I had left my car at my apartment because it was the safest place for it to be. Although most of the water had receded when we went back, it was clear that water in that area had risen another 2 feet after we left, judging from the marks on the car's exterior. Inside, there was stagnant calf-level water. Before leaving, we had tied plastic bags around the exhaust pipe with rubber bands to keep water out, but they were nowhere to be seen. We started the car and pumped out most of the water that was trapped in the exhaust pipe by revving the engine on neutral. Thankfully, the car started smoothly and we were able to pack a few things (including my cats!) and leave Chennai by taking the Poonamalle highway - the only available route that wasn't under water.
We didn't stop the entire way to Bangalore. The storm started the minute we got in the car at 5 pm, and at times the rain was so heavy we couldn't see 3 feet in front of us. But somehow, we got to Bangalore in record time and were welcomed by Sai's warm and generous family who have been nurturing us with excellent home-cooked food, medicine, and love. Thankfully, my fever is gone and my cough is slowly subsiding. #SometimesTheresNothingBetterThanAuntieLove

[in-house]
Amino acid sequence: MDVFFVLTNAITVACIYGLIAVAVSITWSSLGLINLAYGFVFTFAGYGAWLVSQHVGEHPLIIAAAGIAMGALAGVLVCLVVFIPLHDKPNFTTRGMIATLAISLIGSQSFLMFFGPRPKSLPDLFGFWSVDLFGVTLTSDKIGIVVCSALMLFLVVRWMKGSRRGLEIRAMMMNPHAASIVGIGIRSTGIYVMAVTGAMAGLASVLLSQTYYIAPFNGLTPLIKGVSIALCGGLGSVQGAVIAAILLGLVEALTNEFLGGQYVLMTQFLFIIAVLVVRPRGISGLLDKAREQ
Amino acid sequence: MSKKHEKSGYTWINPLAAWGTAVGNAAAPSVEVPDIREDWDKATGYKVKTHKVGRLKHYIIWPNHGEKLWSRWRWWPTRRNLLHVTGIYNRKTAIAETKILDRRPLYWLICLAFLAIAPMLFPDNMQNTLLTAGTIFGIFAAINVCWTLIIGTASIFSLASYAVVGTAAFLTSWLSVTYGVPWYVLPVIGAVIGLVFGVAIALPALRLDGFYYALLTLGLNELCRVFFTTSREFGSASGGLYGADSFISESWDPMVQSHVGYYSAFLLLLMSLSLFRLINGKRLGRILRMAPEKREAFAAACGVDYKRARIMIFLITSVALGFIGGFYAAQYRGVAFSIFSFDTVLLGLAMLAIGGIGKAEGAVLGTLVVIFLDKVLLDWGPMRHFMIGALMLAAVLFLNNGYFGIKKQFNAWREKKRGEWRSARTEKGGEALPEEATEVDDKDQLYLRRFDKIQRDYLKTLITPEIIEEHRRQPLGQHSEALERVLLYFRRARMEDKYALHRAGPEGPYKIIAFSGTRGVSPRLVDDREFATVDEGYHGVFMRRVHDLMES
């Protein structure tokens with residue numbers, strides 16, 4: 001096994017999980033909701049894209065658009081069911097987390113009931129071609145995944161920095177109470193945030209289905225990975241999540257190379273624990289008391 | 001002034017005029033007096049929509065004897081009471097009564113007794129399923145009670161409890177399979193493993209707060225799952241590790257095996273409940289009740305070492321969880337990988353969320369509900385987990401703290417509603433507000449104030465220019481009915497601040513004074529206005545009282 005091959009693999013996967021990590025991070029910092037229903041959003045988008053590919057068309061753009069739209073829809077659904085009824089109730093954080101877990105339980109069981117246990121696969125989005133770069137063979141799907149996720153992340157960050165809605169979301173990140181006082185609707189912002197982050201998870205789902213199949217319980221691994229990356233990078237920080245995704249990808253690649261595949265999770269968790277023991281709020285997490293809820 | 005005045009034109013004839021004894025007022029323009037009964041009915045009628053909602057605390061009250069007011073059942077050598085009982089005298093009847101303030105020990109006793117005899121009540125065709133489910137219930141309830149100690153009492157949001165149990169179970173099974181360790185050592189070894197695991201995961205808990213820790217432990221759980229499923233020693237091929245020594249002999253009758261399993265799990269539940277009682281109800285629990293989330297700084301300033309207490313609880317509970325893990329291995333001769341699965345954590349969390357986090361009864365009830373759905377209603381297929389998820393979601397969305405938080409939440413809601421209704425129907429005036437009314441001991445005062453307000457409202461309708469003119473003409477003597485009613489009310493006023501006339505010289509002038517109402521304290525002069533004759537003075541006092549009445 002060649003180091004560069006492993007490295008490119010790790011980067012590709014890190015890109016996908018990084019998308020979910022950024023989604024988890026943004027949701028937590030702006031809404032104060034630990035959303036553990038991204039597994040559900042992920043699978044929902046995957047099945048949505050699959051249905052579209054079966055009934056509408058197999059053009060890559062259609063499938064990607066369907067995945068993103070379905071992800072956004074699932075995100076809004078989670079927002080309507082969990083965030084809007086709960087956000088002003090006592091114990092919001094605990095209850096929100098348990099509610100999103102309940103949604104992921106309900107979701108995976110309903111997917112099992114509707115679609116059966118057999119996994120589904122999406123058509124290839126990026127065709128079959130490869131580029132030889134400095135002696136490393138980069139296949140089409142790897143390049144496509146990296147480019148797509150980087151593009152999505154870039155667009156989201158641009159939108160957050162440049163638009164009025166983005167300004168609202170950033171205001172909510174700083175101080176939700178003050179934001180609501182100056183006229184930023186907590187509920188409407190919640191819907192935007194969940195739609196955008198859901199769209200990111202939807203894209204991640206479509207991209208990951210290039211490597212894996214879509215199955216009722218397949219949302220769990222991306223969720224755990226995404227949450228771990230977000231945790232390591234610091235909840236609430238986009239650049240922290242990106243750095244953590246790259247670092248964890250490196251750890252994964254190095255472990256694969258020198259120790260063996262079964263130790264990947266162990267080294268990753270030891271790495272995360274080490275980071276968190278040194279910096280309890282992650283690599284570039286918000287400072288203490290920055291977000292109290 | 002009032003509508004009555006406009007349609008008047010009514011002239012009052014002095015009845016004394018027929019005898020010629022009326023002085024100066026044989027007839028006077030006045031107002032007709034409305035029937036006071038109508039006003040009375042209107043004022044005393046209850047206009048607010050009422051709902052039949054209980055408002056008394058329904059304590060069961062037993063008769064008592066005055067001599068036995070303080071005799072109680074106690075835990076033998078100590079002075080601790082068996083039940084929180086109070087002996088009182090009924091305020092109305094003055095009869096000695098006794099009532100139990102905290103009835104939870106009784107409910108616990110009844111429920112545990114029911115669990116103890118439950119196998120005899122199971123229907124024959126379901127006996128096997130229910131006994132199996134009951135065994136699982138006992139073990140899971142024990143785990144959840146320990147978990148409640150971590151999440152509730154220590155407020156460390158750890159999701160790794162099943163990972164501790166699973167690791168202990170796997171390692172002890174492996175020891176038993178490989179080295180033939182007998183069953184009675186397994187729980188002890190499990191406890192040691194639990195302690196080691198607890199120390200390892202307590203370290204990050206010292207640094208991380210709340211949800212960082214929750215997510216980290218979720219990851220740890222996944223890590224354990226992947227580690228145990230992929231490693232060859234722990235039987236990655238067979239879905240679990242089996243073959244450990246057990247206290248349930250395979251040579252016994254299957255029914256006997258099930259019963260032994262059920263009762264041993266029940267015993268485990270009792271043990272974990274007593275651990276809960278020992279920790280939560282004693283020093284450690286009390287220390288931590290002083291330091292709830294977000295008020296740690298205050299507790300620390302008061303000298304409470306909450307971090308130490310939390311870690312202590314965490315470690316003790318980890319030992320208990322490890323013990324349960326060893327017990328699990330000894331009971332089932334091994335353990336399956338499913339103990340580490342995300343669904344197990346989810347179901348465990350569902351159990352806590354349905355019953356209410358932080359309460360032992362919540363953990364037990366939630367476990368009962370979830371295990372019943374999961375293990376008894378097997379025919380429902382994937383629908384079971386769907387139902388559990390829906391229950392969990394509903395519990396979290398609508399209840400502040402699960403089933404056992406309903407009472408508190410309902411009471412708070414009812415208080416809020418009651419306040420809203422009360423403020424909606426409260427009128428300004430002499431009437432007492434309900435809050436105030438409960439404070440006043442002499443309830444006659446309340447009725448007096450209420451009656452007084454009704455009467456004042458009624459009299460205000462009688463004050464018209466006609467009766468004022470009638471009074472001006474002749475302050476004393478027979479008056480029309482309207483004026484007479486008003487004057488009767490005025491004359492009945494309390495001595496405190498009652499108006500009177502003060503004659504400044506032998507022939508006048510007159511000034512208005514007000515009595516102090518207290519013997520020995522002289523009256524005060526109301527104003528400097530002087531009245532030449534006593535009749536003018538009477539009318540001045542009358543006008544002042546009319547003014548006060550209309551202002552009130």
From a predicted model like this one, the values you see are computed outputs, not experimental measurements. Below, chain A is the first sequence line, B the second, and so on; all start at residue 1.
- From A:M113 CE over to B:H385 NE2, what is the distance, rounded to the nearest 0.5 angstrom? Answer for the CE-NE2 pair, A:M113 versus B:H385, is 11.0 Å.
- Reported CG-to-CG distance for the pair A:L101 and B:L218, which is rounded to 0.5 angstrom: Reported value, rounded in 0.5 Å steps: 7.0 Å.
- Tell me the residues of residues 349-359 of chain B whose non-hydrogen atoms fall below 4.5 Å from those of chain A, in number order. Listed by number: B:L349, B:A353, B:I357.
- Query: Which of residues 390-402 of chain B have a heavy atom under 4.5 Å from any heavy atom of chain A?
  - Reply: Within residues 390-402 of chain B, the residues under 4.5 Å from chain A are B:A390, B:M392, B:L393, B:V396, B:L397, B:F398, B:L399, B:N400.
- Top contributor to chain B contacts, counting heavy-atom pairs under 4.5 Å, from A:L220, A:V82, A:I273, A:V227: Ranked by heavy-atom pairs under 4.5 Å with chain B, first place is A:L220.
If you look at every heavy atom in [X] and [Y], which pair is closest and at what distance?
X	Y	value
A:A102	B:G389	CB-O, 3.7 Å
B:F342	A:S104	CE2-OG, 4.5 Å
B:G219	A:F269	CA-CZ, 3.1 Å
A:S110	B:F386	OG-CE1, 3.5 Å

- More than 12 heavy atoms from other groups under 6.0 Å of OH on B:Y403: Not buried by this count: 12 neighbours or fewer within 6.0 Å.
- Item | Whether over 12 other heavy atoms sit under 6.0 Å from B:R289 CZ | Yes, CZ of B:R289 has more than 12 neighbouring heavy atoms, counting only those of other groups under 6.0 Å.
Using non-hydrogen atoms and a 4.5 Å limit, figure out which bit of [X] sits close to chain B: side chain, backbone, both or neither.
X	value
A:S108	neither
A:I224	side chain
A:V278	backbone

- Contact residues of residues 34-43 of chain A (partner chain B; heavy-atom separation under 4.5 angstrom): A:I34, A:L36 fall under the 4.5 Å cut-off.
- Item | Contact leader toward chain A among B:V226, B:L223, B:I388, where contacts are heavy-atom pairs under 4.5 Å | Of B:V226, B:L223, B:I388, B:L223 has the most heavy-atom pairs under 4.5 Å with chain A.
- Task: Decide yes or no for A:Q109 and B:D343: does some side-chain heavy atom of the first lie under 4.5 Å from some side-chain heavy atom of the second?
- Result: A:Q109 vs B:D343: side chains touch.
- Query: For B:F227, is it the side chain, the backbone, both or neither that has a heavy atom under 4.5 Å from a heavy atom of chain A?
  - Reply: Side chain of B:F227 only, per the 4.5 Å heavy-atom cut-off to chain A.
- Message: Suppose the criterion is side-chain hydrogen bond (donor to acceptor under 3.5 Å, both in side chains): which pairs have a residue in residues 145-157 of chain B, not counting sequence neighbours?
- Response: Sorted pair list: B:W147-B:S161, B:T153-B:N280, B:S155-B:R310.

My experience lies in the space between adjectives. I can come out of this with a few thoughts: 1. I am eternally grateful to be in the position in life to be able to choose (to some extent) how a natural disaster effects me and I cannot express how thankful I am for everything I have (and still have. Thankfully the floods didn't destroy our music equipment!) 2. I am also thankful for everyONE in my life who helped us and are helping us in this time of need. 3. I am genuinely astonished by the human race and our innate ability to persevere. I am now more certain than ever that happiness, and the ability to live a fulfilling life is a deep-rooted and intrinsic human trait.